State Fire Marshal Announces Candle Safety Day is December 10

STOW, MAFrom Mass Department of Fire Services: State Fire Marshal Peter J. Ostroskey announced that Monday, December 10, 2018 will be Candle Safety Day and advised consumers to use candles safely during this holiday season and throughout the year. The second Monday in December has been established as Candle Safety Day by MGL C.6: S.12XX to promote the safe use of candles in the Commonwealth.

More Candle Fires Happen During Winter Holidays
State Fire Marshal Ostroskey said, “Starting with Halloween, we use candles to celebrate many of the winter holidays. Sadly, the increased candle use at this time of year causes an increase in candle fires.” In the past five years, more candle fires happened between Thanksgiving and New Year’s Eve than at any other time of the year.

Burn Candles Inside a 1-Foot Circle of Safety

State Fire Marshal Ostroskey recommends that in order to reduce the risk of fire, burn candles inside a 1-foot Circle of Safety, and offers these safety tips:

  • Burn candles inside a one-foot circle, free of anything that can burn.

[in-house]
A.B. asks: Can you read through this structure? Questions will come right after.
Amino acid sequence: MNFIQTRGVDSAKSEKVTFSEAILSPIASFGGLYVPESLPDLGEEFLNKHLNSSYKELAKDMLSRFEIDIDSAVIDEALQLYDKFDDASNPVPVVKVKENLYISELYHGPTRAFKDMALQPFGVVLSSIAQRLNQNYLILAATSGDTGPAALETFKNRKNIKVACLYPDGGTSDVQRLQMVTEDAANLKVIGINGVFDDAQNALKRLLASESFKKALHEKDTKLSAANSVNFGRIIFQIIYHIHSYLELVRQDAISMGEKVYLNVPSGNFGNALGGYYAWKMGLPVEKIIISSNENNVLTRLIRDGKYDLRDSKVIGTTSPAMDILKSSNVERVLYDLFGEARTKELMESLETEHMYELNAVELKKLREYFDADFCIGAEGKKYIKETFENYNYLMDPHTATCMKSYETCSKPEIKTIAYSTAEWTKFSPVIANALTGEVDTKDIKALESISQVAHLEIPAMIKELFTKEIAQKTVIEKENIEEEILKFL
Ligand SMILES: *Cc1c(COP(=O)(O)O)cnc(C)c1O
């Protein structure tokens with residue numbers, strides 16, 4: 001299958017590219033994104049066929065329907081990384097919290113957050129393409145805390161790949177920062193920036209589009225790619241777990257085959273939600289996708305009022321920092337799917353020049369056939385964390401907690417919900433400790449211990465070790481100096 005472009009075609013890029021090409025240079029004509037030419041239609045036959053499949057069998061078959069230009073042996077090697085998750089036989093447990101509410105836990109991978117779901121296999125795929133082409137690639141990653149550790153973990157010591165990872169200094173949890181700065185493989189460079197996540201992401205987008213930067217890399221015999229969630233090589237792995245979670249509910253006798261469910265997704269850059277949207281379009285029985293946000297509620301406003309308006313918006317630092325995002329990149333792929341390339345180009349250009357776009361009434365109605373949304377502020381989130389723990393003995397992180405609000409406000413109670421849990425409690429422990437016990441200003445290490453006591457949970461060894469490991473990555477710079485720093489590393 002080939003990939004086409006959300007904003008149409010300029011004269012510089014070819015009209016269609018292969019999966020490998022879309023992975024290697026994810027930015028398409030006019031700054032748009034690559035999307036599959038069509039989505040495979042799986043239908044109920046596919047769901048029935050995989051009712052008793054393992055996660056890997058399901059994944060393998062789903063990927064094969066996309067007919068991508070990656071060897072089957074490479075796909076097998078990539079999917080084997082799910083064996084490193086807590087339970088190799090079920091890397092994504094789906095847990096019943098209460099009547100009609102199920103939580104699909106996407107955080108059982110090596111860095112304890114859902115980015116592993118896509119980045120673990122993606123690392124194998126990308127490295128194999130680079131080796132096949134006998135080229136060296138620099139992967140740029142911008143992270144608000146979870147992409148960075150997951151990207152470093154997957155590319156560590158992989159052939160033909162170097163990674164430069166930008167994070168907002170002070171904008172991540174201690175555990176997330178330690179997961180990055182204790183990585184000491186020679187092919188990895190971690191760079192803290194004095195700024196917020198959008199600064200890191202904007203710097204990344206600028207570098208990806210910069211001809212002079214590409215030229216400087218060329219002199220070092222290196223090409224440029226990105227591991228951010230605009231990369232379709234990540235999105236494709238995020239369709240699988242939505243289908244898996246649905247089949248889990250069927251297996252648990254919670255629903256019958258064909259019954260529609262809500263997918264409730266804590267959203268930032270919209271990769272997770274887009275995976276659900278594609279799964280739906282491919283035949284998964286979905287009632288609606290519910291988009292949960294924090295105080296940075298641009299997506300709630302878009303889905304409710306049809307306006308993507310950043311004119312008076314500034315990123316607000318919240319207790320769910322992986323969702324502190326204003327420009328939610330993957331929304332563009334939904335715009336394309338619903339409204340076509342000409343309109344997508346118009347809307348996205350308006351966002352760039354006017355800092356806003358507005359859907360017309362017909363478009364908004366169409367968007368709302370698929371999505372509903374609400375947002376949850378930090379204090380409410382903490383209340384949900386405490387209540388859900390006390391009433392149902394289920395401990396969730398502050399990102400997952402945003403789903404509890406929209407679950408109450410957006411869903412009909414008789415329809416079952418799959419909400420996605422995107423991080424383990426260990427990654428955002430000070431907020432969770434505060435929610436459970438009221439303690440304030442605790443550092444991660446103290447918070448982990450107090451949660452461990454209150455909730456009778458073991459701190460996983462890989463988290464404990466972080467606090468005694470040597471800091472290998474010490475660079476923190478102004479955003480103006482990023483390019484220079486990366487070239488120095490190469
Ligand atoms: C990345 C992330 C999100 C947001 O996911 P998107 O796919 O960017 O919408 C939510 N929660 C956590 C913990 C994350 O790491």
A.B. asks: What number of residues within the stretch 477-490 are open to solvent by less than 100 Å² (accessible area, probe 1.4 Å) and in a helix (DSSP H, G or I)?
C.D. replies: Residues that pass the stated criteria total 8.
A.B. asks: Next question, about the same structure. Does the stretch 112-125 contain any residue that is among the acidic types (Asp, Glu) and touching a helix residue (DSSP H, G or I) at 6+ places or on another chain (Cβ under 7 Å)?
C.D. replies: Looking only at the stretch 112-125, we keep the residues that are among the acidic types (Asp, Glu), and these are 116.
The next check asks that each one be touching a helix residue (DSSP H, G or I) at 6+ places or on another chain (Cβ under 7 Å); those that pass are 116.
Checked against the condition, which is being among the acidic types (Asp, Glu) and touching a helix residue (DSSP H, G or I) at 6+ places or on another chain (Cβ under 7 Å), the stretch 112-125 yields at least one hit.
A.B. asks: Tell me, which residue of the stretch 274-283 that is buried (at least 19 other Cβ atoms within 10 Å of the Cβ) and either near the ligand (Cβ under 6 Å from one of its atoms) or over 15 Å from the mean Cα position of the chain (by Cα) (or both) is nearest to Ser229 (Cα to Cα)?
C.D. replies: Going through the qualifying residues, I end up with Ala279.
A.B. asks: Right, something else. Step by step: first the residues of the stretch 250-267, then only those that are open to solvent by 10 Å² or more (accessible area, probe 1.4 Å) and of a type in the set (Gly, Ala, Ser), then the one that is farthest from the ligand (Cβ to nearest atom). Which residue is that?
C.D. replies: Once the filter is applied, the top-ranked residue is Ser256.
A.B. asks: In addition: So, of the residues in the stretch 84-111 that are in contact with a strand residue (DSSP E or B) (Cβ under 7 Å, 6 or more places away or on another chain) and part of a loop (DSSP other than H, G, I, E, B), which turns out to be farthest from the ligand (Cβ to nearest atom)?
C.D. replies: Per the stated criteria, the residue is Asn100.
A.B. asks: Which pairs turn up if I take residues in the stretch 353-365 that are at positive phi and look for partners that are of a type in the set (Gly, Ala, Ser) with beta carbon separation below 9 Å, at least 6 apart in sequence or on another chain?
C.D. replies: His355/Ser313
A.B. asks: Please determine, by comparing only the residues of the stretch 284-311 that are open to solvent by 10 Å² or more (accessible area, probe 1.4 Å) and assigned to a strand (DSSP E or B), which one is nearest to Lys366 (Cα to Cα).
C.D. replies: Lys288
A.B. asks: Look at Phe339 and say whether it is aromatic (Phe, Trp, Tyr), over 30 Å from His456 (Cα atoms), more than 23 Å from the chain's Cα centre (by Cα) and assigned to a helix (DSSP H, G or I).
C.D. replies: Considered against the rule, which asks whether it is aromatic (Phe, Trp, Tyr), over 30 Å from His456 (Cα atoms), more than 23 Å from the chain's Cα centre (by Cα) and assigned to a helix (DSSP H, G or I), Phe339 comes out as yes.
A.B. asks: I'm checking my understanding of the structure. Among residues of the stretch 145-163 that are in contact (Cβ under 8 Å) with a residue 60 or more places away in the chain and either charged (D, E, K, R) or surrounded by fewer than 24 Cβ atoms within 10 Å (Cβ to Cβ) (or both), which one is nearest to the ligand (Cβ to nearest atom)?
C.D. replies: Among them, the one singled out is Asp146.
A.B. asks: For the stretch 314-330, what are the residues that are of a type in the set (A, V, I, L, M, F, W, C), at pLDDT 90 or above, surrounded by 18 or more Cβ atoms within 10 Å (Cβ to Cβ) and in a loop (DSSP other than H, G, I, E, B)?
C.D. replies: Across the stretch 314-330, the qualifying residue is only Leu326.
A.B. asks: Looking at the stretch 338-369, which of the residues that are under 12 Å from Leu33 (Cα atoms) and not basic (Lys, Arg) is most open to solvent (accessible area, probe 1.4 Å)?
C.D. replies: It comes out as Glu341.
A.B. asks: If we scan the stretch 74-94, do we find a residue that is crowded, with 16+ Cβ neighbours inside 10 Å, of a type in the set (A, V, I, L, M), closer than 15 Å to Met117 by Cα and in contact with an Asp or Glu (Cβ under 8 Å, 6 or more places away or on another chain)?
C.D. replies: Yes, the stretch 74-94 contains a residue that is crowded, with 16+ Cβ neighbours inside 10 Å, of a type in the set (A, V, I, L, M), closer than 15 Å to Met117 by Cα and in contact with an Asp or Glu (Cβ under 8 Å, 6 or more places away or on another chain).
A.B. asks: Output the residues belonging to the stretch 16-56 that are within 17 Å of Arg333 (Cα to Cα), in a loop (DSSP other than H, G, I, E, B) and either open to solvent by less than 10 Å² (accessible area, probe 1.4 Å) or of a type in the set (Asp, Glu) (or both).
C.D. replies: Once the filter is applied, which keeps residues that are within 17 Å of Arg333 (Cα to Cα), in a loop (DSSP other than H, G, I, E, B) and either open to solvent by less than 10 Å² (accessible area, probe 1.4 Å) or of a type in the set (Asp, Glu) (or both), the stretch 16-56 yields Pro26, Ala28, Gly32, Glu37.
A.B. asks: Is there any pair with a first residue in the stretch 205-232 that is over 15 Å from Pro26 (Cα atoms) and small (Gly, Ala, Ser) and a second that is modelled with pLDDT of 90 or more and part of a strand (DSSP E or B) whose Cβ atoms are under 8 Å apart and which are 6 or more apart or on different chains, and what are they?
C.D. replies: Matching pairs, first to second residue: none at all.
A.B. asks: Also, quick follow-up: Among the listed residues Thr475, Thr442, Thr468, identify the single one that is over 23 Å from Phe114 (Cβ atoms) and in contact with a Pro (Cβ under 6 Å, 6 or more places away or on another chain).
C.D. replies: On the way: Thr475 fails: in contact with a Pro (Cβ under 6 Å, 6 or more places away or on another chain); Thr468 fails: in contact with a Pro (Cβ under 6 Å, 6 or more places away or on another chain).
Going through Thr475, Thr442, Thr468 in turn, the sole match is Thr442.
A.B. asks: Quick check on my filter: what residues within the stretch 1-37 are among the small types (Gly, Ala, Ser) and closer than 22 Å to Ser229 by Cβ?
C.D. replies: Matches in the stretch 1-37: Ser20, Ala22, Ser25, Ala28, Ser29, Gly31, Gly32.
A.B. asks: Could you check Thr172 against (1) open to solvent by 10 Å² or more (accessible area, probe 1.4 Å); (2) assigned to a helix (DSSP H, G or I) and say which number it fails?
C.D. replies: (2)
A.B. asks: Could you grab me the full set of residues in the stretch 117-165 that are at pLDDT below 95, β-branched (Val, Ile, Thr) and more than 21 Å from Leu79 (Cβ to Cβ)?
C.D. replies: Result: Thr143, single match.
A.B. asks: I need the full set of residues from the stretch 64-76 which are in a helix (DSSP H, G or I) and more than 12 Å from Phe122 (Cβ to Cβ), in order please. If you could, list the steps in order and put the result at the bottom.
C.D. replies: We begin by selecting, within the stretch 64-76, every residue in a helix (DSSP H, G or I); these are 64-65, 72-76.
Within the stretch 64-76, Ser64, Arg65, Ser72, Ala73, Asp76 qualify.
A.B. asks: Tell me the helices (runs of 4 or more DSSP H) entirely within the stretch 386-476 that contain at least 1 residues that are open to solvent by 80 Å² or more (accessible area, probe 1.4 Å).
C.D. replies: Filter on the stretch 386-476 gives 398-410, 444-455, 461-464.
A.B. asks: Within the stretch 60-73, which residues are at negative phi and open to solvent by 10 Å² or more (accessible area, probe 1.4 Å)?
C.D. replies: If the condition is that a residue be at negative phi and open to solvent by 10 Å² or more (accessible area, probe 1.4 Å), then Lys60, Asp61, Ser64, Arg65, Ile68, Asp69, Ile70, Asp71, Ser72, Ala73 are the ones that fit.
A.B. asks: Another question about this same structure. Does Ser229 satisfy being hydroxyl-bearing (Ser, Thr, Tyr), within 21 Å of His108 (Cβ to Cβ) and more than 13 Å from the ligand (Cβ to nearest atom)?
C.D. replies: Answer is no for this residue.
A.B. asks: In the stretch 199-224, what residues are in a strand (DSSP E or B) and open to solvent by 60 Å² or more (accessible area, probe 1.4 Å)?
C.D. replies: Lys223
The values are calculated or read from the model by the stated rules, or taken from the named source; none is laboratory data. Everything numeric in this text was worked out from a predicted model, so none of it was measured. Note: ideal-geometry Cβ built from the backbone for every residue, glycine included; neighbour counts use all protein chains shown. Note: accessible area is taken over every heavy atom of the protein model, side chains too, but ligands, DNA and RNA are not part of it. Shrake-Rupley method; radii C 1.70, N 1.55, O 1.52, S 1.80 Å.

• Never leave candles burning unattended.
  • Always extinguish candles after use.
  • Use a non-combustible saucer or candleholder.
  • Keep candles out of reach of children and pets.
  • Consider switching to battery-operated flameless candles.

Switch to Flameless Candles
To be safe, consider using flameless candles in your home. Have flashlights and battery-powered lighting ready to use during a power outage instead of traditional candles.

1/3 of Candle Fires in Homes Occurred in the Bedroom
In 2017, candles caused 91 fires, five civilian injuries, one firefighter injury and an estimated dollar loss of $1.9 million in damages. Of the 66 candle fires in homes, one-third occurred in the bedroom. It is all too easy to fall asleep and leave a candle burning unattended. “Remember to blow out candles before leaving a room or going to bed,” said State Fire Marshal Ostroskey. Candle fires have dropped 73% since they peaked at 342 in 1999. “Although candle fires are decreasing, we must continue to practice safe candle use,” he added.

No Fatal Candle Fires in 2017
There were no fatal candle fires in 2017. However there were eight civilian deaths in eight candle fires between 2013 and 2016.

For more information, visit www.mass.gov/dfs and type in candle safety in the search bar or go directly to our Candle Safety webpage.



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